Tropical Storm Erika leads to state of emergency in Florida
Governor Rick Scott says Caribbean storm ‘poses a severe threat’ to US peninsula
Tropical Storm Erika in the Caribbean. Photograph: NOAA handout/Reuters
A state of emergency has been declared in Florida as tropical storm Erika nears the US state.
The storm could hit the peninsula on Monday.
Governor Rick Scott made his declaration shortly after forecasters adjusted the trajectory of the storm to show that it is predicted to go through the middle of the state.
Mr Scott’s emergency order says Erika “poses a severe threat to the entire state”.
The order calls for the activation of the National Guard and gives authorities the ability to waive tolls and rules to allow emergency crews and vehicles to move throughout the state.
A hurricane has not hit Florida in 10 years. The latest forecasts show that Erika will remain a tropical storm when it makes landfall.
On Friday, Erika lashed Puerto Rico and the Virgin Islands with wind and rain and killed at least four people.
Due to some likely weakening over the Dominican Republic, Erika was no longer forecast to make US landfall as a hurricane.
It could still hit the Miami area with sustained winds of 97km/h on Monday, however, before sweeping northward up the Florida peninsula, affecting Orlando’s popular theme parks.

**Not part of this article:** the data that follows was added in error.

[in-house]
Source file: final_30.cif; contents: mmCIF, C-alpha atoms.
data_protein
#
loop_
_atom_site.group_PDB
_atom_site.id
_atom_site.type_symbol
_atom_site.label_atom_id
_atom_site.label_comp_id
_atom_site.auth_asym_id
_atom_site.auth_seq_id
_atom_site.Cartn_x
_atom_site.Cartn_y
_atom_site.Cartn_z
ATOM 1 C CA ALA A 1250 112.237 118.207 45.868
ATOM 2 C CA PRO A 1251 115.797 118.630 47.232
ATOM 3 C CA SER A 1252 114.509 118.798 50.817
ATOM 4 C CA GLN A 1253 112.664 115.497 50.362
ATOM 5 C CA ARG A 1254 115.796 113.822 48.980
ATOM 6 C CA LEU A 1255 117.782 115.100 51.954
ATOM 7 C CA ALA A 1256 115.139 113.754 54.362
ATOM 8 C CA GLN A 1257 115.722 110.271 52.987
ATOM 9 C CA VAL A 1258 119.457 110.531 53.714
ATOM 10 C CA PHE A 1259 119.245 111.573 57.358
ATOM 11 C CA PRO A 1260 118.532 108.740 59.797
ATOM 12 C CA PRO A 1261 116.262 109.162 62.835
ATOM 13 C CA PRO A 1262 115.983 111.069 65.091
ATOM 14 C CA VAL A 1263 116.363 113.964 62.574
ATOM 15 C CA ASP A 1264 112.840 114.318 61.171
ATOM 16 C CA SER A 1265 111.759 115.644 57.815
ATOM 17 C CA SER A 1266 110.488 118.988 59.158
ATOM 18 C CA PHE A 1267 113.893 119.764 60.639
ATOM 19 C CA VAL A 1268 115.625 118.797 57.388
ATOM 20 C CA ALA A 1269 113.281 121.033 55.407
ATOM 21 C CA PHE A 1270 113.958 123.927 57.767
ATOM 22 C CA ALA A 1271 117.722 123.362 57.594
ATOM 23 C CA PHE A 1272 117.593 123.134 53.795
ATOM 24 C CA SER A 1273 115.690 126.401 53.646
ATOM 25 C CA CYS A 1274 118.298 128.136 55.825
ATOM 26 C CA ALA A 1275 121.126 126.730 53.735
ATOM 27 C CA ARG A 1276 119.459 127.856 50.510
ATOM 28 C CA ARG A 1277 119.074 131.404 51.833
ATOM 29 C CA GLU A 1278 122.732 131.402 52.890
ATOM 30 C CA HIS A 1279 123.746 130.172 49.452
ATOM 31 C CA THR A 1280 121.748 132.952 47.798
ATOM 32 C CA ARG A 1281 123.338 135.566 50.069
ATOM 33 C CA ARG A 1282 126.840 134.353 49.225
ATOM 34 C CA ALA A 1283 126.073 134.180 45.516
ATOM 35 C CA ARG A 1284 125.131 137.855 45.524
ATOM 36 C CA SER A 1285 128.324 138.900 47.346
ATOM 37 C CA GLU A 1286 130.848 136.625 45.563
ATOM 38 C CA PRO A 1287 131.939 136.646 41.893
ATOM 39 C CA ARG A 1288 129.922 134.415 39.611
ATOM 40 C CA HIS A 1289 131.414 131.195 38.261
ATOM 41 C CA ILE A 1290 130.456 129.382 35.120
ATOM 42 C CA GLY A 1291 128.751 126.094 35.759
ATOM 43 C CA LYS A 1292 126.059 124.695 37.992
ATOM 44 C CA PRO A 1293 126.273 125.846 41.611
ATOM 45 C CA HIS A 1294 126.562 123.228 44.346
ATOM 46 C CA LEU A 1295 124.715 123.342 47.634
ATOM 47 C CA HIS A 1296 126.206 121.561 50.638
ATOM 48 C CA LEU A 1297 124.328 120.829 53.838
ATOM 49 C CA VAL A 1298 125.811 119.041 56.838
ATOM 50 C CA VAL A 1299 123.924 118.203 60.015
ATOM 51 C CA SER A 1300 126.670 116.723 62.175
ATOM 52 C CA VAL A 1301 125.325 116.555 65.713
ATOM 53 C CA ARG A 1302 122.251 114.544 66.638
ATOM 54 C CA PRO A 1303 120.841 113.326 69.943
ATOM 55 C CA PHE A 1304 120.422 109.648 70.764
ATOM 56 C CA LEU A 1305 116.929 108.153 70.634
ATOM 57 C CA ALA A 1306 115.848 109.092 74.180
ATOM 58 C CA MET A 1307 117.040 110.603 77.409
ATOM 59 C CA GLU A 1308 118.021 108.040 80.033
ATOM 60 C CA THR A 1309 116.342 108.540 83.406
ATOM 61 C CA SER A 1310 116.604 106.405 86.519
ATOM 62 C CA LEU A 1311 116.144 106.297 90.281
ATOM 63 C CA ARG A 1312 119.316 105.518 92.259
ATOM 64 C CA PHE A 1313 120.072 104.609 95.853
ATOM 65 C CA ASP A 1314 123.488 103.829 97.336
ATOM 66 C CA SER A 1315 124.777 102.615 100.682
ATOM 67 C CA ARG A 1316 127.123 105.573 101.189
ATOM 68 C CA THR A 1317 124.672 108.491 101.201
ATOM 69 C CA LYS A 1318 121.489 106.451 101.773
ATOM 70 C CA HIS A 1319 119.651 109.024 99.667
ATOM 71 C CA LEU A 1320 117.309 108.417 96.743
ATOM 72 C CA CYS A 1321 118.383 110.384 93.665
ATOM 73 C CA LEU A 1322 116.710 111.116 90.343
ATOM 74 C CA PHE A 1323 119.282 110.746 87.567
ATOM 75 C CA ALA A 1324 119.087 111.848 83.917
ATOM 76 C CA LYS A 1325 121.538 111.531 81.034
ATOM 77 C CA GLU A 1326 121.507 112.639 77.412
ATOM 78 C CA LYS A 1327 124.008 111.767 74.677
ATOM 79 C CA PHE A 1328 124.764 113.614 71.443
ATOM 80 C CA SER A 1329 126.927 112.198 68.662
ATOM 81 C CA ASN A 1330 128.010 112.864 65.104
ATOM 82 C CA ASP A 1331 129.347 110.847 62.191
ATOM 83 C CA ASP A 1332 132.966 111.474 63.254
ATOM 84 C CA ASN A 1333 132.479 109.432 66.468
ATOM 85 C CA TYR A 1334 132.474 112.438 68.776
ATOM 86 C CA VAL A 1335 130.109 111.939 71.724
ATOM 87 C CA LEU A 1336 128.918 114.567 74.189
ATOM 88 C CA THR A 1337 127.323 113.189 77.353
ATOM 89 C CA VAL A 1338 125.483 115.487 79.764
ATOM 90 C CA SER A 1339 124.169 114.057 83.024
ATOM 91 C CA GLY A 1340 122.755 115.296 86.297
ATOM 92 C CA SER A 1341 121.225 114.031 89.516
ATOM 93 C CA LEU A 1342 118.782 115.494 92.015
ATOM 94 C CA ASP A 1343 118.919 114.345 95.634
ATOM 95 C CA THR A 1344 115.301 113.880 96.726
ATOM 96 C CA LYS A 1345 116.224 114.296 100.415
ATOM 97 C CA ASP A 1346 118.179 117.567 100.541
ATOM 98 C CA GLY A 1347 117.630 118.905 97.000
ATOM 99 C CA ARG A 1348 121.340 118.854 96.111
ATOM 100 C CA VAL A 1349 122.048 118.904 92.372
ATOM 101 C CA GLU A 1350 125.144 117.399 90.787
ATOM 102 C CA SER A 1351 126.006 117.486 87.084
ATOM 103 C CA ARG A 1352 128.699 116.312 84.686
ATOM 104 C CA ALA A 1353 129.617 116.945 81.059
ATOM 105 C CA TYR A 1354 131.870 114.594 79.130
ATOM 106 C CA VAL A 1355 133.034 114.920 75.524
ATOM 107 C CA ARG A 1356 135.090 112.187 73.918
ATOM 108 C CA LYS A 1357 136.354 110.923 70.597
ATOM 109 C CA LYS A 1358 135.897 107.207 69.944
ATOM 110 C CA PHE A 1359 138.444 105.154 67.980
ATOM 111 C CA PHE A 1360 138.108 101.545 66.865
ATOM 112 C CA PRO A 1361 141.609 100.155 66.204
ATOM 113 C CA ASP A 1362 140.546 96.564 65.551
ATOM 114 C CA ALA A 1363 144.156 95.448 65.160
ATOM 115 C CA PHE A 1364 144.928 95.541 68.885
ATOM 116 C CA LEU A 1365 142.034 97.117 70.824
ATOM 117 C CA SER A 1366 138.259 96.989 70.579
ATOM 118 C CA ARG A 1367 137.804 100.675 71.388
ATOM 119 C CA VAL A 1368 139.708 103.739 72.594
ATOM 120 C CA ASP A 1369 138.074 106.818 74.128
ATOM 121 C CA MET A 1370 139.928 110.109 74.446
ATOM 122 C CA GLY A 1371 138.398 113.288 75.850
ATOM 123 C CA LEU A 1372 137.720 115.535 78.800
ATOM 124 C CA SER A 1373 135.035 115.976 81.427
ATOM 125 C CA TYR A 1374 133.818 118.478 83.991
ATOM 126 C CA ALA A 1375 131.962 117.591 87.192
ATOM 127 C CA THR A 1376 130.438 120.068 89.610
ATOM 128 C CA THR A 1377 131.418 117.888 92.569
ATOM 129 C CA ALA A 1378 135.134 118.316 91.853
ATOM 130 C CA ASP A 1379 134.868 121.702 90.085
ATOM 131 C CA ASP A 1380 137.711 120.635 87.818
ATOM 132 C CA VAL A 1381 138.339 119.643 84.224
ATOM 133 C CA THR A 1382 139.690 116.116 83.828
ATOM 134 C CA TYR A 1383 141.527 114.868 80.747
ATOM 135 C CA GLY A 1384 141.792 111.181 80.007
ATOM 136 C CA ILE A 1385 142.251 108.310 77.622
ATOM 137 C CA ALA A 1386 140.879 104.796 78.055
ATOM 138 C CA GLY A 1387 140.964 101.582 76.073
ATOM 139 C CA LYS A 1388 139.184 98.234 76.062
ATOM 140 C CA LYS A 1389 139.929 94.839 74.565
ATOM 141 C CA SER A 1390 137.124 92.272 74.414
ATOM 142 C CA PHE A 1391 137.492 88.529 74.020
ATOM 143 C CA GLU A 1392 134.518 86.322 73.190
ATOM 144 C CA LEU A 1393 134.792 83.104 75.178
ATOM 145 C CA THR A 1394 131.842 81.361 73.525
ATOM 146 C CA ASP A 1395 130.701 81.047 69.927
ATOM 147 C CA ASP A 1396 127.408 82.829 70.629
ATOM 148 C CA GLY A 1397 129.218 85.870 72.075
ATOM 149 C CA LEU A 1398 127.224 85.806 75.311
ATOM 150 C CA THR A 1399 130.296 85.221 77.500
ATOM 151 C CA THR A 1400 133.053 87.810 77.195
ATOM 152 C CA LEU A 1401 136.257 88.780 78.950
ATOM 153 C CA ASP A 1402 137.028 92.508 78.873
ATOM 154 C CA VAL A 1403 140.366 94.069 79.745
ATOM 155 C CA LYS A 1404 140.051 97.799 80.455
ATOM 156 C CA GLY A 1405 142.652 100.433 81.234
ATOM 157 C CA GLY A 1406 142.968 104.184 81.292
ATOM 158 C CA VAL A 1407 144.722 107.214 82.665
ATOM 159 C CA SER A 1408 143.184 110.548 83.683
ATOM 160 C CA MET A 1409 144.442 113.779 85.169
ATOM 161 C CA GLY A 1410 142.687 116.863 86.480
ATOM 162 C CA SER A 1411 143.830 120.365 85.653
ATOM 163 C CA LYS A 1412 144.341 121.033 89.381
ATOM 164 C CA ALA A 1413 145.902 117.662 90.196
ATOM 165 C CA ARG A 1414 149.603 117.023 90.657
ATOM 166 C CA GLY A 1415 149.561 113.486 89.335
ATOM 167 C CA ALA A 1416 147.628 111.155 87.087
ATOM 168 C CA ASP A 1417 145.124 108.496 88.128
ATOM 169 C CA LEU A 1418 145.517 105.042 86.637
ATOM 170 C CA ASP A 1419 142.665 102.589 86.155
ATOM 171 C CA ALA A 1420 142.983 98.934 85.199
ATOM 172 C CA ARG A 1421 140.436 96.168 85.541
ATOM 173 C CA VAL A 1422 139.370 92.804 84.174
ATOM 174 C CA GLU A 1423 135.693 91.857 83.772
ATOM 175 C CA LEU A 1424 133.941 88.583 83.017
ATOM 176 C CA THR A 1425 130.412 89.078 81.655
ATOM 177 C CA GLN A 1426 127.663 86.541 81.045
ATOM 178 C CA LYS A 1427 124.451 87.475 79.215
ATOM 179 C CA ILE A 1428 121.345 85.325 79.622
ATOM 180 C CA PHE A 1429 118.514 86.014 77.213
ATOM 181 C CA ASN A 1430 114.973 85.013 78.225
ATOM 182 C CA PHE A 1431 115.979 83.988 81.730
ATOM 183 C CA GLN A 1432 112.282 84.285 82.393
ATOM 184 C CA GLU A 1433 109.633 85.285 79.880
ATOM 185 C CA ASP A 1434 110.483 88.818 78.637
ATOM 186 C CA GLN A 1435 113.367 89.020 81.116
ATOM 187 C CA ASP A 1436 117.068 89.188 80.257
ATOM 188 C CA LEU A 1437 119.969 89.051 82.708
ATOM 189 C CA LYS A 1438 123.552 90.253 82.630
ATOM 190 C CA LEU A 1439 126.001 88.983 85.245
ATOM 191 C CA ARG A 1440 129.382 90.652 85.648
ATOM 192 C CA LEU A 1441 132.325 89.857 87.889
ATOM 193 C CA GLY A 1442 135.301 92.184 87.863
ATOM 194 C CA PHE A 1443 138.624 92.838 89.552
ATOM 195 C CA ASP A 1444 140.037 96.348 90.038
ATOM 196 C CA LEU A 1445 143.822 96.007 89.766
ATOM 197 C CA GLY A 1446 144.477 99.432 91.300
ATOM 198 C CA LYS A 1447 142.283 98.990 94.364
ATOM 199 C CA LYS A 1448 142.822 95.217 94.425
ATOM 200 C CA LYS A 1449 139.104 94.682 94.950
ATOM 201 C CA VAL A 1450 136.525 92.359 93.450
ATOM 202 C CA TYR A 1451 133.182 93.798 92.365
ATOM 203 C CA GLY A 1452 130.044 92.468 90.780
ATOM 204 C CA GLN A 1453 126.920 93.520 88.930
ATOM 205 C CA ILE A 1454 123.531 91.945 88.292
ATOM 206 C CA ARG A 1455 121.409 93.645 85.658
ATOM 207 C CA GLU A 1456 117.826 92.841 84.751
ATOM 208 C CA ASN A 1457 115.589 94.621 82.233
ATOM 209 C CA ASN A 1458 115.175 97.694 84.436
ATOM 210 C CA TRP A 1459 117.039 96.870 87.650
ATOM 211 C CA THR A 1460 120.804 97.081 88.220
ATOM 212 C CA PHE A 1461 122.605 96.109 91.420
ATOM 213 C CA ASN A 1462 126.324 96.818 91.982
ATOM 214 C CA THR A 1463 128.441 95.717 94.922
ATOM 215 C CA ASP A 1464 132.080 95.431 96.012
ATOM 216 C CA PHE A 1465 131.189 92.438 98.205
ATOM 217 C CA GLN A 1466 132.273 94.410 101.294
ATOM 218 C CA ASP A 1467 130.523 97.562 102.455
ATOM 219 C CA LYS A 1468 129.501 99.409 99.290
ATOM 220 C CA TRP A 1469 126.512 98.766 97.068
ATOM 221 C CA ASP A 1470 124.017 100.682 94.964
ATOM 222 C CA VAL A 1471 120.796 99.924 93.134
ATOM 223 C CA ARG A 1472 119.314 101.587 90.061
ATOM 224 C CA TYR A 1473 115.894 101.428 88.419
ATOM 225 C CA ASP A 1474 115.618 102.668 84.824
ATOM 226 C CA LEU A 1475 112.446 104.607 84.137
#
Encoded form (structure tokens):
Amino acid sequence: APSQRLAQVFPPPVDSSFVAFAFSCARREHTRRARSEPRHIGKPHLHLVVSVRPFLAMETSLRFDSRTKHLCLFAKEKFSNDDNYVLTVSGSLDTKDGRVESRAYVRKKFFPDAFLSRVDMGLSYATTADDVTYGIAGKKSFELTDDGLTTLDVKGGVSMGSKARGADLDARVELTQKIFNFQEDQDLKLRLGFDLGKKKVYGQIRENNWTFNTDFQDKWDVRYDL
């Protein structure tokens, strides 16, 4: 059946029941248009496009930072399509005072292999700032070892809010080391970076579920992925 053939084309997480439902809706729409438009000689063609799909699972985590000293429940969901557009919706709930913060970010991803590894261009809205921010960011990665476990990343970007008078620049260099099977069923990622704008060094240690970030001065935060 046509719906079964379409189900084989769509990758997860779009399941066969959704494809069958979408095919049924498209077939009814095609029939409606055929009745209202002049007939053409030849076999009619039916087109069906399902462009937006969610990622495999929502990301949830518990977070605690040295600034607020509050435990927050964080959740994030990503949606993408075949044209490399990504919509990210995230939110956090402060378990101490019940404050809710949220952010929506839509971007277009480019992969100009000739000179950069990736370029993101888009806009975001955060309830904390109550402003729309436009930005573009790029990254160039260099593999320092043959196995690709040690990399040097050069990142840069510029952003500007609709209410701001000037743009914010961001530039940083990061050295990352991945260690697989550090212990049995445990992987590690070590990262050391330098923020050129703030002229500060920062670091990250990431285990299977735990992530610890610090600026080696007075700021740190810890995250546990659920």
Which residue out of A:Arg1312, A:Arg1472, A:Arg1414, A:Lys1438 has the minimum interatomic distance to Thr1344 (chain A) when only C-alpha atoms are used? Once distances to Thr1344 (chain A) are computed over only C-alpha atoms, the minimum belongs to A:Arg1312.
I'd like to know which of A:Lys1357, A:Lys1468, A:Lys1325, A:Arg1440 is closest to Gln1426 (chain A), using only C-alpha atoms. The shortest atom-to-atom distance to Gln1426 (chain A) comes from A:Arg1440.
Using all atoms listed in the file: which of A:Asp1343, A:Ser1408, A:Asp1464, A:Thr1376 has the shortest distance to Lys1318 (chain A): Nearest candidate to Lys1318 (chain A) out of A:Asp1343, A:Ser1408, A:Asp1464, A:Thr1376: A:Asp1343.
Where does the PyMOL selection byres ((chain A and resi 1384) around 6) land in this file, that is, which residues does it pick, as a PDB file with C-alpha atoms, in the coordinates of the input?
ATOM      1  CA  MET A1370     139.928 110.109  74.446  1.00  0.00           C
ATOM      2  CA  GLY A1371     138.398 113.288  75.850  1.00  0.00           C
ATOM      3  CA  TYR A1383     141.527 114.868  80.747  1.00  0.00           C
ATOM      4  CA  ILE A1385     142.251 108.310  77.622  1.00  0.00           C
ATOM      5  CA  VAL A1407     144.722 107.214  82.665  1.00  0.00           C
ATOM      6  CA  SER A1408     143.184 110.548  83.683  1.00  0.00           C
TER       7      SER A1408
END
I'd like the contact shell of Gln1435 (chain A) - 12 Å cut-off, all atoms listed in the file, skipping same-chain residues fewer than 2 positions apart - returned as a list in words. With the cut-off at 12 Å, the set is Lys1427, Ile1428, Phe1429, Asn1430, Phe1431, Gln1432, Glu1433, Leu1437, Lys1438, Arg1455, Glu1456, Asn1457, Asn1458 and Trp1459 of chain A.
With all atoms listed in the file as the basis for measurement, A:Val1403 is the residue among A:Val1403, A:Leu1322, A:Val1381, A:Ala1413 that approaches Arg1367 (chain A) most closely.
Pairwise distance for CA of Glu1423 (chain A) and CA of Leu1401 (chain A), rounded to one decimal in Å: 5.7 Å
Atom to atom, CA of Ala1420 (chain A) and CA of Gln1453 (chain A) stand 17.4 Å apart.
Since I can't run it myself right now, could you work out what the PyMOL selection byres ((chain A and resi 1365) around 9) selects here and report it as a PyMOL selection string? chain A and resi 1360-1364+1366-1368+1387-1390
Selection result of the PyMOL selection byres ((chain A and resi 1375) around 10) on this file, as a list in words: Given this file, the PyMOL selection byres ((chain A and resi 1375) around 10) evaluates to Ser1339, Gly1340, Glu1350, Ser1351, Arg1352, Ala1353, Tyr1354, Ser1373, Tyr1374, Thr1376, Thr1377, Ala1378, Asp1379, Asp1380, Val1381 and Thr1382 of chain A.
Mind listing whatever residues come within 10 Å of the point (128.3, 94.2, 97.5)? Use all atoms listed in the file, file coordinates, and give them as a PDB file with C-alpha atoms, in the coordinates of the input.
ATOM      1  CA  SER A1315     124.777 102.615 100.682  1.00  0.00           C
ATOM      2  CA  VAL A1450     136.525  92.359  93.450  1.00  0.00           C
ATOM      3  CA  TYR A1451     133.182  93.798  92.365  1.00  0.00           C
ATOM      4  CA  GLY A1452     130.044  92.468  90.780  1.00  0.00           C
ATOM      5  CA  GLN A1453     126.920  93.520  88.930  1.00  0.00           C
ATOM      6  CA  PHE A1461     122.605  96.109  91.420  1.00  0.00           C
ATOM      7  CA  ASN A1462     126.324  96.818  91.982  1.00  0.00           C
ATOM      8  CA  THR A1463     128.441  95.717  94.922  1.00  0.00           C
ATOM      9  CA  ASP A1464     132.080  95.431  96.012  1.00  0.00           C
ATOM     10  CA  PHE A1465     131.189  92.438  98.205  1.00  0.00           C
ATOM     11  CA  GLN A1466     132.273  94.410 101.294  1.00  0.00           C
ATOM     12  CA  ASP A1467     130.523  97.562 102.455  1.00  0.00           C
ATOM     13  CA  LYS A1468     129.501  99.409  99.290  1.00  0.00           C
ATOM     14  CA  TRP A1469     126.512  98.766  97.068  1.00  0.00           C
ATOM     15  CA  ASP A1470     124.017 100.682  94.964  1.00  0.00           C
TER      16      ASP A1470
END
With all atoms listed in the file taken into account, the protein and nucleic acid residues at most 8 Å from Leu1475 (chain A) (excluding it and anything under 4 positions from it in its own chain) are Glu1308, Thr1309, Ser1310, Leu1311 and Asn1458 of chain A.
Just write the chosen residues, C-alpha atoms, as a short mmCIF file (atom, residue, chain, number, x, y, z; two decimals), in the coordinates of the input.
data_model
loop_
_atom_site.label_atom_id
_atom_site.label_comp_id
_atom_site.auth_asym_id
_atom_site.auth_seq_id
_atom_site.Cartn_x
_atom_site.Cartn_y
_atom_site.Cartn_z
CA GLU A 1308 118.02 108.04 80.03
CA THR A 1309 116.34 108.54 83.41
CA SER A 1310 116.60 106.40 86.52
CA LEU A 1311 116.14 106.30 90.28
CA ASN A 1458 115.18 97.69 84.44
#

The greatest risk over the next few days is heavy rainfall over northern Haiti and the Dominican Republic, with up to 30cm expected in some areas.
This could cause “life-threatening flash floods and mud slides”, the Miami-based National Hurricane Centre said.
Emergency officials were searching for several missing people after rain-triggered landslides on the small, mountainous island of Dominica on Thursday, Dominica prime minister Roosevelt Skerrit said in a radio broadcast.
Overflowing rivers and landslides washed away several roads and bridges there.
Tourism minister Robert Tonge posted photographs and video on Facebook showing widespread flooding in the capital.
‘Hard to predict’
For days forecasters have described Erika, the fifth named storm of the Atlantic hurricane season, as unusually hard to predict due to disruption from wind patterns and its interaction over land, which weakens a storm, and warm water, which provides added energy.
The storm should weaken as it passes over the mountains of the Dominican Republic and Haiti, “and could degenerate to a tropical wave”, the hurricane centre said.
If Erika survives the mountains, it would probably regain intensity over warm seas in the Bahamas and the Straits of Florida, the centre added.
PA and Reuters